Carving powder all day long is every skiers and boarders dream, and if it isnt, its probably because you havent done it before.
That powder dream can come true with a little help from Mother Nature and a big dent in your wallet.
Catskiing and heliskiing arent cheap trips. A day in the backcountry in a cat will cost more than a season pass at Bogus Basin. A day in a helicopter will cost about the equivalent of a top-shelf set of skis or a new board and bindings.
Snowcats get you deep into the backcountry, but at a slower pace than with a helicopter. They typically hold about 10 skiers and boarders and a few guides.
You typically leave from a ski area and travel out of bounds onto nearby mountains. Your guides lead you down the slopes and the cat picks you up and takes you to the next stretch of untracked snow.
Every trip starts with a safety orientation. Avalanche transceivers are supplied and worn by every skier and boarder. Youre confined to where the guides allow you to ski to ensure you dont get into trouble, but there's plenty of room for each person to cut fresh tracks down the mountain.
Plan $200 to $400 for an all-day trip. These trips usually include a hot lunch, snacks and drinks on the cat. They might also include powder ski rentals, which are recommended.
Some ski resorts also offer sidecountry trips, typically just outside the ski area boundaries. These trips are typically cheaper than full-day outings.
Before booking a trip, talk to the resort and see how they operate and how many runs and vertical feet are common on a trip. Remember that weather, snow conditions, skiing or boarding skill of the party, and other factors determine how many runs you will get.
Ask how long the trip is to the area where you will be skiing. Cats move about 5 miles per hour, so you can expect some transit time to and from the slopes.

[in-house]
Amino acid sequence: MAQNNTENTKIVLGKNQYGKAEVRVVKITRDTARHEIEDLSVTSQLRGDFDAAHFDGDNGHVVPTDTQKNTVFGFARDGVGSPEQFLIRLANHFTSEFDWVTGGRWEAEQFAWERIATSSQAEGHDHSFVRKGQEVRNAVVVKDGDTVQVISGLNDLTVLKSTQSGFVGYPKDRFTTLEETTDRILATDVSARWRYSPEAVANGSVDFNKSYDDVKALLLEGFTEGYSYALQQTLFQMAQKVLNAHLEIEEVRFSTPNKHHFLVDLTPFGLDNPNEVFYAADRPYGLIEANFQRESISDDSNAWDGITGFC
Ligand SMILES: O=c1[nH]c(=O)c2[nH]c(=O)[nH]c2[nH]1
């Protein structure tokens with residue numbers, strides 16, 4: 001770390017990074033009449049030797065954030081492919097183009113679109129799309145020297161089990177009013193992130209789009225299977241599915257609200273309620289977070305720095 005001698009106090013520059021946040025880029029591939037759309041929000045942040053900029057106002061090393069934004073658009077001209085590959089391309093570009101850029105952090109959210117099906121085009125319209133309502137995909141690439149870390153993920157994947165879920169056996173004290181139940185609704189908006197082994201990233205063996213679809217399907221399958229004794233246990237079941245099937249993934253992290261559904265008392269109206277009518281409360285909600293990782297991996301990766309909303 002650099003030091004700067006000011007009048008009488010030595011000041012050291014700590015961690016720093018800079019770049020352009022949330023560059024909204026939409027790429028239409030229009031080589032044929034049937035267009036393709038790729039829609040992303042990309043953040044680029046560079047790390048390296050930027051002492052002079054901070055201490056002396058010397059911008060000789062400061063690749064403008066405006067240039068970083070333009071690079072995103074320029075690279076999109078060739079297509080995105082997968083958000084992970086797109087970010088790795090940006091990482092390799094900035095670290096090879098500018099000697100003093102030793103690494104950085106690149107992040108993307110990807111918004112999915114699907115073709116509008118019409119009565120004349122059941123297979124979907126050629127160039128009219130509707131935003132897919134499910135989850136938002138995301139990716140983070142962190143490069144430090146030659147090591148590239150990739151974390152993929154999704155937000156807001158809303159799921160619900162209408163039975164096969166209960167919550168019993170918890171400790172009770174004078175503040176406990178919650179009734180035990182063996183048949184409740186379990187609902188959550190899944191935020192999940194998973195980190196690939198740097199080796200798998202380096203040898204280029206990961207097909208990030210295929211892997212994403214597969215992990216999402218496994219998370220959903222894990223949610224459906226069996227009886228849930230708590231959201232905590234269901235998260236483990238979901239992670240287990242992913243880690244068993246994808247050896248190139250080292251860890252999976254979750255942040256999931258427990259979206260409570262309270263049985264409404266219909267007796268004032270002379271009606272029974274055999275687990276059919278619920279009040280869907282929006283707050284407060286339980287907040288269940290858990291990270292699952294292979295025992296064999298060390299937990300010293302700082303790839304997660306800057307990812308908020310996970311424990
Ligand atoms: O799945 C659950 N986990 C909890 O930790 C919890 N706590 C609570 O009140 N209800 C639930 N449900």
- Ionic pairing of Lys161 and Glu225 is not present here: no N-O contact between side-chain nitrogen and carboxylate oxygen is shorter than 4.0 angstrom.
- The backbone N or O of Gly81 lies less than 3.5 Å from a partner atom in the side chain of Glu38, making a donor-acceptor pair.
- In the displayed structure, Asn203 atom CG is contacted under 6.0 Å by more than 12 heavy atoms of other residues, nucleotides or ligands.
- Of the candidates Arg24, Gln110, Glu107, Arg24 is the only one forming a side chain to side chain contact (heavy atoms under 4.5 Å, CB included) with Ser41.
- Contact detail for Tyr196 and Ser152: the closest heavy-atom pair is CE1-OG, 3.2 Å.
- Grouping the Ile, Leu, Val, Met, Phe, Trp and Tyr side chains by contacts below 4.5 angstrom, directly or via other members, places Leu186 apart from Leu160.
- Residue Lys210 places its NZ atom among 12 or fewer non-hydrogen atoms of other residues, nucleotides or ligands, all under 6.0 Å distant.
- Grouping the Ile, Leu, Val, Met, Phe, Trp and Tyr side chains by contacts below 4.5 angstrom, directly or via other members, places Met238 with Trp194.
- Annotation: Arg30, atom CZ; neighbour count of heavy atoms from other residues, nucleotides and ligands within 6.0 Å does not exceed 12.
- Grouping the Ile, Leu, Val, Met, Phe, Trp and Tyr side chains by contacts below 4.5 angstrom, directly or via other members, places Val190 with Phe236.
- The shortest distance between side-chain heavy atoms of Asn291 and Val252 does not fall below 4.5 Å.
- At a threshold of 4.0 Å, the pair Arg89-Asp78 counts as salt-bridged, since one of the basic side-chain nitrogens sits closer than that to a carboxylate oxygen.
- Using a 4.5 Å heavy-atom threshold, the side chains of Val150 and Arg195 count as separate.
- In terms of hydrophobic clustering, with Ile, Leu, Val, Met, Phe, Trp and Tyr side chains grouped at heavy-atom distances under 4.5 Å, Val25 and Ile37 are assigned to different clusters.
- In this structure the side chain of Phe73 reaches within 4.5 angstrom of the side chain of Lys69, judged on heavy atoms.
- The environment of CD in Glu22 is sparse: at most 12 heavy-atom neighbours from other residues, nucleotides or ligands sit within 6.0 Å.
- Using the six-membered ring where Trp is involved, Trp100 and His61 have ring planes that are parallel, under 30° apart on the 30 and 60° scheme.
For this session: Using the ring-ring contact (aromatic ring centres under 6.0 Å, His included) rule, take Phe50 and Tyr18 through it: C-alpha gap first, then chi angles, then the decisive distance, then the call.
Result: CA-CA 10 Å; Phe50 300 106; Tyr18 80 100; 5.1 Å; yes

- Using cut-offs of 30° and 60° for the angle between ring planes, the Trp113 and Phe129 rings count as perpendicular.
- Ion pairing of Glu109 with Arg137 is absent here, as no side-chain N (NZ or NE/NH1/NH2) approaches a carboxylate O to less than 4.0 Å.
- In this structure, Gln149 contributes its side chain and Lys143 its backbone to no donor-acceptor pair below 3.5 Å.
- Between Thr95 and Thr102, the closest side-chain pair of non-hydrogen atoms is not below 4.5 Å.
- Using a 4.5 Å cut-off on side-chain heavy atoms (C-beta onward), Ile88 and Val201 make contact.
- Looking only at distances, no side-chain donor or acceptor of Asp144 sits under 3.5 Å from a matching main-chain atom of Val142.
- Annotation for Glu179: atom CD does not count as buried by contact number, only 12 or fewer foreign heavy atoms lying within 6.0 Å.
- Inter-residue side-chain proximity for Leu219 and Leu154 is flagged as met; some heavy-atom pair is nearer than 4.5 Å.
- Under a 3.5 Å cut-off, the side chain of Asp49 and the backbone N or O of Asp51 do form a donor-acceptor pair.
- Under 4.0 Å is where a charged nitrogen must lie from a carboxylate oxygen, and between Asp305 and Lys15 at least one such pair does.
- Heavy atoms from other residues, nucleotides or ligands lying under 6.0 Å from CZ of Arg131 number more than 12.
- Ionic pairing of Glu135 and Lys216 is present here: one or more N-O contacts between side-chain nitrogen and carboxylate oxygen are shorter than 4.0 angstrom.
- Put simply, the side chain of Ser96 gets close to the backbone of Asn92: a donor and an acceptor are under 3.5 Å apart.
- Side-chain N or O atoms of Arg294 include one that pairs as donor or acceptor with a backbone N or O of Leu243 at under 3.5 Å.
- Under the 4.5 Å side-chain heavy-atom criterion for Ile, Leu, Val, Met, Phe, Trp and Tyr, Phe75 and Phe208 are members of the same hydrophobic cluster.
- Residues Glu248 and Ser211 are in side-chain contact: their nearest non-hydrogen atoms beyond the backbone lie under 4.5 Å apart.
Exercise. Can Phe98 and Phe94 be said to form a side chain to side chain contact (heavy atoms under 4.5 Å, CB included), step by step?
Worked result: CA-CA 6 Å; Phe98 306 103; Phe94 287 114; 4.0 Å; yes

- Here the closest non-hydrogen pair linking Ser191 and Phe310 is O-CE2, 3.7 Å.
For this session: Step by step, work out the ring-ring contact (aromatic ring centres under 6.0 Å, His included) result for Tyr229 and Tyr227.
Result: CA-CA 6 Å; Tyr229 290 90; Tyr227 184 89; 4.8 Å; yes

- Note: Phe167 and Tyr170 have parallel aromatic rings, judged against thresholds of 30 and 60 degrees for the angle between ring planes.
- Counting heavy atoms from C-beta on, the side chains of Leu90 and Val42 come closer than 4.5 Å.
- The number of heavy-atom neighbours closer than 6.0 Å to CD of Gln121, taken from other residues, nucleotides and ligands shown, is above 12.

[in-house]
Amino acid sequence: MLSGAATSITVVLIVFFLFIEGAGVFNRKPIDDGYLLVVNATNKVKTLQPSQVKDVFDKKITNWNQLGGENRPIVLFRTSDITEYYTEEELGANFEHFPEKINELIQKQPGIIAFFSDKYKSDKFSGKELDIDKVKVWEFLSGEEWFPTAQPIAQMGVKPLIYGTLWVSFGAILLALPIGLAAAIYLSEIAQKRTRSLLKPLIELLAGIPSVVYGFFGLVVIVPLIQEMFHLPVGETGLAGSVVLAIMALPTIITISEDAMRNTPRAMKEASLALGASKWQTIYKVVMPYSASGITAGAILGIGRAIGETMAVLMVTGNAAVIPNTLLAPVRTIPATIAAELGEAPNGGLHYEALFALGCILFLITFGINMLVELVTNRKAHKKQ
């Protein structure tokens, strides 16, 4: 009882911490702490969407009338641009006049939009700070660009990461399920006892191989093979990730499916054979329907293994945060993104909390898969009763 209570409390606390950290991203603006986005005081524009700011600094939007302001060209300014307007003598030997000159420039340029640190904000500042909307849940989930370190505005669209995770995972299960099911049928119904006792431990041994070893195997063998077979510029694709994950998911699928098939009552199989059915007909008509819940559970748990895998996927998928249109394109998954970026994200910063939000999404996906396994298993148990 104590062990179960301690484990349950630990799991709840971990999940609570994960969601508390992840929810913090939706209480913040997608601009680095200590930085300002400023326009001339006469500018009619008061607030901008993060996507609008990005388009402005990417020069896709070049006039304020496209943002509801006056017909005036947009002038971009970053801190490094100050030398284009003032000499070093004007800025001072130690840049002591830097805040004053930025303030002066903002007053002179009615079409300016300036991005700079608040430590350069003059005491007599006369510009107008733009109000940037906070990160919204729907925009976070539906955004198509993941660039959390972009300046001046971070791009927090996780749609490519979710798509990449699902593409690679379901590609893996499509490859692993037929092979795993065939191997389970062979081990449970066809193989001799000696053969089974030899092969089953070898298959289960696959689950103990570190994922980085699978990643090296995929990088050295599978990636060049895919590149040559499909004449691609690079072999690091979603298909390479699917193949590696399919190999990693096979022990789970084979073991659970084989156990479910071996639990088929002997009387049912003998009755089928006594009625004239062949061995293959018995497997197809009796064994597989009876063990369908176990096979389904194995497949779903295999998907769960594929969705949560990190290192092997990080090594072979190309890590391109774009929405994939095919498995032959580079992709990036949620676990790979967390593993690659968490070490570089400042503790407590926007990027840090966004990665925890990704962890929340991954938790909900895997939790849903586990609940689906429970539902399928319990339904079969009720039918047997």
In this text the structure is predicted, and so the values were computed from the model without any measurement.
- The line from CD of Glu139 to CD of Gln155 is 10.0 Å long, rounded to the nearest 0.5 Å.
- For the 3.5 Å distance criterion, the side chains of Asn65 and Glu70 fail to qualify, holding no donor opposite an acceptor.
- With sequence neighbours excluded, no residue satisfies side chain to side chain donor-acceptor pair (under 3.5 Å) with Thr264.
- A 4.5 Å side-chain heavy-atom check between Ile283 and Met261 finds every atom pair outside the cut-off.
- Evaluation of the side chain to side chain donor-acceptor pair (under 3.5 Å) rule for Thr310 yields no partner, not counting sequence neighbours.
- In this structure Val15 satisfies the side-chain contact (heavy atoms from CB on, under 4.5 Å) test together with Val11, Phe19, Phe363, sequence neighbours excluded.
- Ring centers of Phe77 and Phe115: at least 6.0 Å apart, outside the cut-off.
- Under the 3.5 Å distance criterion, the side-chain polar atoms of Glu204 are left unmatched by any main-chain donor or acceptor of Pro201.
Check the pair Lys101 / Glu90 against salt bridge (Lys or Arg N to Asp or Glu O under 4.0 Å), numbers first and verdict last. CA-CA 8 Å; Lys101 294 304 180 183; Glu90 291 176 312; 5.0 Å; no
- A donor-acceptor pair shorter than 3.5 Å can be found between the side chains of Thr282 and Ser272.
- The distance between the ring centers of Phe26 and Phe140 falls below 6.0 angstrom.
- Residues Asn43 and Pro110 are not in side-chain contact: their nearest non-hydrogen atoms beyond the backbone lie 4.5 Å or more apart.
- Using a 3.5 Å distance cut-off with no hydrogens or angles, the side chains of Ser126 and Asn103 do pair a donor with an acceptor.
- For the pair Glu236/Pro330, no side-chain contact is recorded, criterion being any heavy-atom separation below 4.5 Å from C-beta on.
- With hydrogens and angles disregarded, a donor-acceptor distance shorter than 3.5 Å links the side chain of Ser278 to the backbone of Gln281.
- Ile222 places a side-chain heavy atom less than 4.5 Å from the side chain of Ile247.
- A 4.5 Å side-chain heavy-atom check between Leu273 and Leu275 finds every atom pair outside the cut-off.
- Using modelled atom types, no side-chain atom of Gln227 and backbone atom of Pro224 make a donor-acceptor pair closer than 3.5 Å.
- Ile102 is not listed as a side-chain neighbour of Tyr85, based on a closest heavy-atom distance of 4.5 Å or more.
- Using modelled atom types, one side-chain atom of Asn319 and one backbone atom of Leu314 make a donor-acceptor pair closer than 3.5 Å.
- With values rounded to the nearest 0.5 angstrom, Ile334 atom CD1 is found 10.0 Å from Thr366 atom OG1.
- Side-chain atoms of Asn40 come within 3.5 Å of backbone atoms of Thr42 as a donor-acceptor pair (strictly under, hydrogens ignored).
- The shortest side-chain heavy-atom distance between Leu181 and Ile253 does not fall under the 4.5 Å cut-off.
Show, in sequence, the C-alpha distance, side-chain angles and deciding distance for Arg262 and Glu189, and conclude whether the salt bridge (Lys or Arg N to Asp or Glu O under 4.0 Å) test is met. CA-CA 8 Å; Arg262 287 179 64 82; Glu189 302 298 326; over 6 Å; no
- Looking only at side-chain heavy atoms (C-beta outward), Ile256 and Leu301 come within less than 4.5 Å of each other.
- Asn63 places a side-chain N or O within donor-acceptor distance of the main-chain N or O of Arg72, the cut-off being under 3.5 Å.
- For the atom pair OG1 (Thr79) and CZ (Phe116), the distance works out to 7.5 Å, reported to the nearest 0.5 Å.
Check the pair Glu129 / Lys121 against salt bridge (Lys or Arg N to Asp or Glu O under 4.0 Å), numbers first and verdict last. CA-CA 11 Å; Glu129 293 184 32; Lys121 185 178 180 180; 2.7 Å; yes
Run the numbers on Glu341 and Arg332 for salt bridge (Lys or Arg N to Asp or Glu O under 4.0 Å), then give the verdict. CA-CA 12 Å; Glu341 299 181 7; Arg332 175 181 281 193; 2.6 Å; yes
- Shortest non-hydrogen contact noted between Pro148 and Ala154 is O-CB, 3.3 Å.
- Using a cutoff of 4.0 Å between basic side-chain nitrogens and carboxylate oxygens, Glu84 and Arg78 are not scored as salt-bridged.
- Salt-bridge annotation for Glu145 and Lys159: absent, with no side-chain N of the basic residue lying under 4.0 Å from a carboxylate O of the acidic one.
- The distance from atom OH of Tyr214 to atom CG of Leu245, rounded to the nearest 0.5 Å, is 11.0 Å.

Here are some places that offer guided catski trips
Brundage Mountain, brundage.com.
Grand Targhee, grandtarghee.com
Soldier Mountain, soldiermountain.com
Anthony Lakes, anthonylakes.com.
This is as good as it gets for backcountry skiing.
An experienced pilot flies you deep into backcountry and drops your party and guides on a ridge or a peak. You carve the powdery slopes, and the helicopter is waiting to whisk you to the top in minutes to do it again.
Sun Valley Heliski offers the only helicopter skiing in Idaho, and the oldest heli-skiing operation in the Lower 48. A trip will cost about $1,100. For details go to epicquest.com.
Sun Valley Heliski has 750,000 acres of terrain available, and a trip is based on seven runs, which typically totals at least 12,000 to 15,000 vertical feet of skiing.
If you get fewer than seven runs because of the weather, you get a refund based on how many runs youve completed. If you want more than seven runs, it costs more.
Dont feel like you have to be an Olympian or skied in a Warren Miller film to go heliskiing. If you can ski all day at a resort and ski in powder and mixed conditions, you can heliski. Guides will pick terrain suitable to the group's skill level.
Snowboards are fine for heliski trips if you can ride powder, cross gullies and make traverses.
If possible, book a trip with a group with similar skill levels. If people are constantly falling down and having to dig themselves out of the powder, it slows the whole group.
Plan to spend a couple days at the resort. A backcountry trip is exhilarating, but tiring. You dont want to add travel before or after. Many trips include a day of lift-served skiing.
Book trips in advance for prime powder months, but if you can go midweek, youre more likely to get a last-minute trip after a big storm.
Use powder skis. Even if youre an experienced skier, it just makes the day more fun.
If youre a snowboarder, dont lead. Its better to use ski tracks to build up speed, then jump out and carve turns.
Get several days inbounds to build endurance before heading into the backcountry.
Make sure your board or skis are waxed for the temperatures youre going to encounter.
Roger Phillips: 377-6215, Twitter: @rogeroutdoors